Sunday Fan Zone: Verdict from the stands on Norwich City’s win over Birmingham

Timm Klose made a welcome return to action for Norwich City. Picture: Paul Chesterton/Focus Images L

Timm Klose made a welcome return to action for Norwich City. Picture: Paul Chesterton/Focus Images Ltd - Credit: Paul Chesterton/Focus Images Ltd

Following a quiet deadline day and, for lack of a better word, a dull international break I arrived back at Carrow Road not knowing what to expect from our afternoon’s entertainment.

Canaries fan Andrew Parnell

Canaries fan Andrew Parnell - Credit: Archant

Birmingham were much of an unknown quantity having made a large number of signings, particularly with them signing ‘half of Brentford’ on deadline day. Equally I didn not know quite what to expect from our own team as well following a humbling defeat to newly-promoted Millwall. Just how would this new-look Norwich City react?

The answer: not convincingly, but comfortably.

The biggest factor for me was the return of Timm Klose at centre half. Norwich have been a soft touch so far this season, having conceded 12 goals over the previous five Championship games and clearly this was a trend that needed to be reversed.

Klose came in and provided much-needed Championship experience to a back four from which was clearly lacking. Winning the majority of his headers, especially early on, gave much-needed reassurance to the rest of the defence that Norwich were not going to be caught with long direct passes as they have been in their previous encounters.

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It was not a faultless performance from Timm. But it was a more no-nonsense approach where previous occupants of Klose’s position may have been guilty of overplaying and giving the ball away or even simply losing headers and flick-ons causing chances to be conceded. Klose was a reassuring presence in the back four.

Klose now has the opportunity to be a real leader in our back four (or back three should Mr Farke wish to change the shape), but in an area in which Norwich have lacked real leaders in the recent past, he has a real opportunity to establish himself as a big BIG player in Daniel Farke’s plans.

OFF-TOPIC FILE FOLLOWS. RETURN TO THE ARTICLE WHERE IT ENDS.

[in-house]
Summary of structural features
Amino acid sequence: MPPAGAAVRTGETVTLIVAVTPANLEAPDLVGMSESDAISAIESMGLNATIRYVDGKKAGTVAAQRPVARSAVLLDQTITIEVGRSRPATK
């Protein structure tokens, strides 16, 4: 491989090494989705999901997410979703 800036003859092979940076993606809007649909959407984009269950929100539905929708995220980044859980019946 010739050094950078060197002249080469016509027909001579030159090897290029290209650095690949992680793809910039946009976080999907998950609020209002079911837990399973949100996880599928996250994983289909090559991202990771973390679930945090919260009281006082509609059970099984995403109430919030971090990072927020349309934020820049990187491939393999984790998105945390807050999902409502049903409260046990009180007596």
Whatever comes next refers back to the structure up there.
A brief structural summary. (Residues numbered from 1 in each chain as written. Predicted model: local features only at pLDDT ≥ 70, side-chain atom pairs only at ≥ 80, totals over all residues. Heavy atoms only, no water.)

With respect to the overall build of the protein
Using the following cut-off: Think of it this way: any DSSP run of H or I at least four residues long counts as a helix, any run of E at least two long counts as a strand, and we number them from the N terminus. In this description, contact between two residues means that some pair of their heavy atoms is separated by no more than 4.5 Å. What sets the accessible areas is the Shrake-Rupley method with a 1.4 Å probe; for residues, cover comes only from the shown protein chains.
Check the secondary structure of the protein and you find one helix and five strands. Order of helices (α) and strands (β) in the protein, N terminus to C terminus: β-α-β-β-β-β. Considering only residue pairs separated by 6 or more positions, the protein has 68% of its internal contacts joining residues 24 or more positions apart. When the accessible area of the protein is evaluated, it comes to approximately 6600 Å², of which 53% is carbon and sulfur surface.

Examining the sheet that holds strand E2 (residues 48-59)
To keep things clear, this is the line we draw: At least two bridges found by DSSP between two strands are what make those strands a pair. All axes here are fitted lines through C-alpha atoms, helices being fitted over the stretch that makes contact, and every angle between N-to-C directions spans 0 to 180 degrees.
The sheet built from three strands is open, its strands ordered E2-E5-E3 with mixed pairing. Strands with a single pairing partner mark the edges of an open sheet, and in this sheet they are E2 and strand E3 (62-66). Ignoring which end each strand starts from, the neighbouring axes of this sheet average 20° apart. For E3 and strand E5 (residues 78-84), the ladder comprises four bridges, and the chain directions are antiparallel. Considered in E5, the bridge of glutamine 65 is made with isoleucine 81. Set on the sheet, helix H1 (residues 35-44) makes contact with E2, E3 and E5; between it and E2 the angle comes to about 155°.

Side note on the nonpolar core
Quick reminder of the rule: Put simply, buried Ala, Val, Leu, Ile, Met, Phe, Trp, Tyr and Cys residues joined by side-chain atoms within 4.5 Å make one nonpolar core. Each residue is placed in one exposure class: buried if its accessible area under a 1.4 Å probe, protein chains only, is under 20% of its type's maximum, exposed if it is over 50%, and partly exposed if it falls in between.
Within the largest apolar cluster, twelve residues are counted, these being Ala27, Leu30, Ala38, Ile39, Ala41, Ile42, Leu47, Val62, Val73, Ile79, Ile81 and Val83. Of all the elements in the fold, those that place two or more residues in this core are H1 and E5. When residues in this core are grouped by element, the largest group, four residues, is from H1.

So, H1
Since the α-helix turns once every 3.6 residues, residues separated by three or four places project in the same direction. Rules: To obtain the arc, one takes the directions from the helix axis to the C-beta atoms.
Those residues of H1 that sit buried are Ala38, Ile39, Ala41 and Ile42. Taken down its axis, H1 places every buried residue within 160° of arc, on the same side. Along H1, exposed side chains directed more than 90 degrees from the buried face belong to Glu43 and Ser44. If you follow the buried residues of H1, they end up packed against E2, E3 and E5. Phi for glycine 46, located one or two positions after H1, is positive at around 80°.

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Marcel Franke and Christoph Zimmermann are relatively inexperienced in English football and Klose, having made the transition from German football himself, albeit from a much higher level, must be a big influence on those lads, in particular on the changes he has had to make to his game and how he has adapted to the different styles in the Premier league and last year in the Championship. Klose himself admitted himself in his post-match comments that he really had to adapt to the Championship, thinking it was going to be a easy ride.

But Norwich were able to see off a hardworking Birmingham team who huffed and puffed a great deal but offered only a few real opportunities which made me and my fellow occupants of the South Stand really worry.

There were, of course, other changes which worked well for Norwich, Tom Trybull and Alex Tetty adding a fair amount of bite to the midfield, which has been lacking in recent weeks. Tom, particularly, caught the eye with an energetic, tenacious performance to introduce himself to the Carrow road faithful.

But in truth a clean sheet is the biggest positive for a side which has looked decidedly leaky and lacking a strong backbone. This now has to be a catalyst for Norwich’s season, if we are to push on and reach headier heights than just a mid-table finish.

We have proved we are more than capable of controlling games and starving teams of the ball and this result needs to be the start of a mean streak at the back and then we can start looking up at the top end of the division with renewed optimism.

With such a large number of games coming thick and fast Daniel Farke will know this is a time for his side to really show their mettle.

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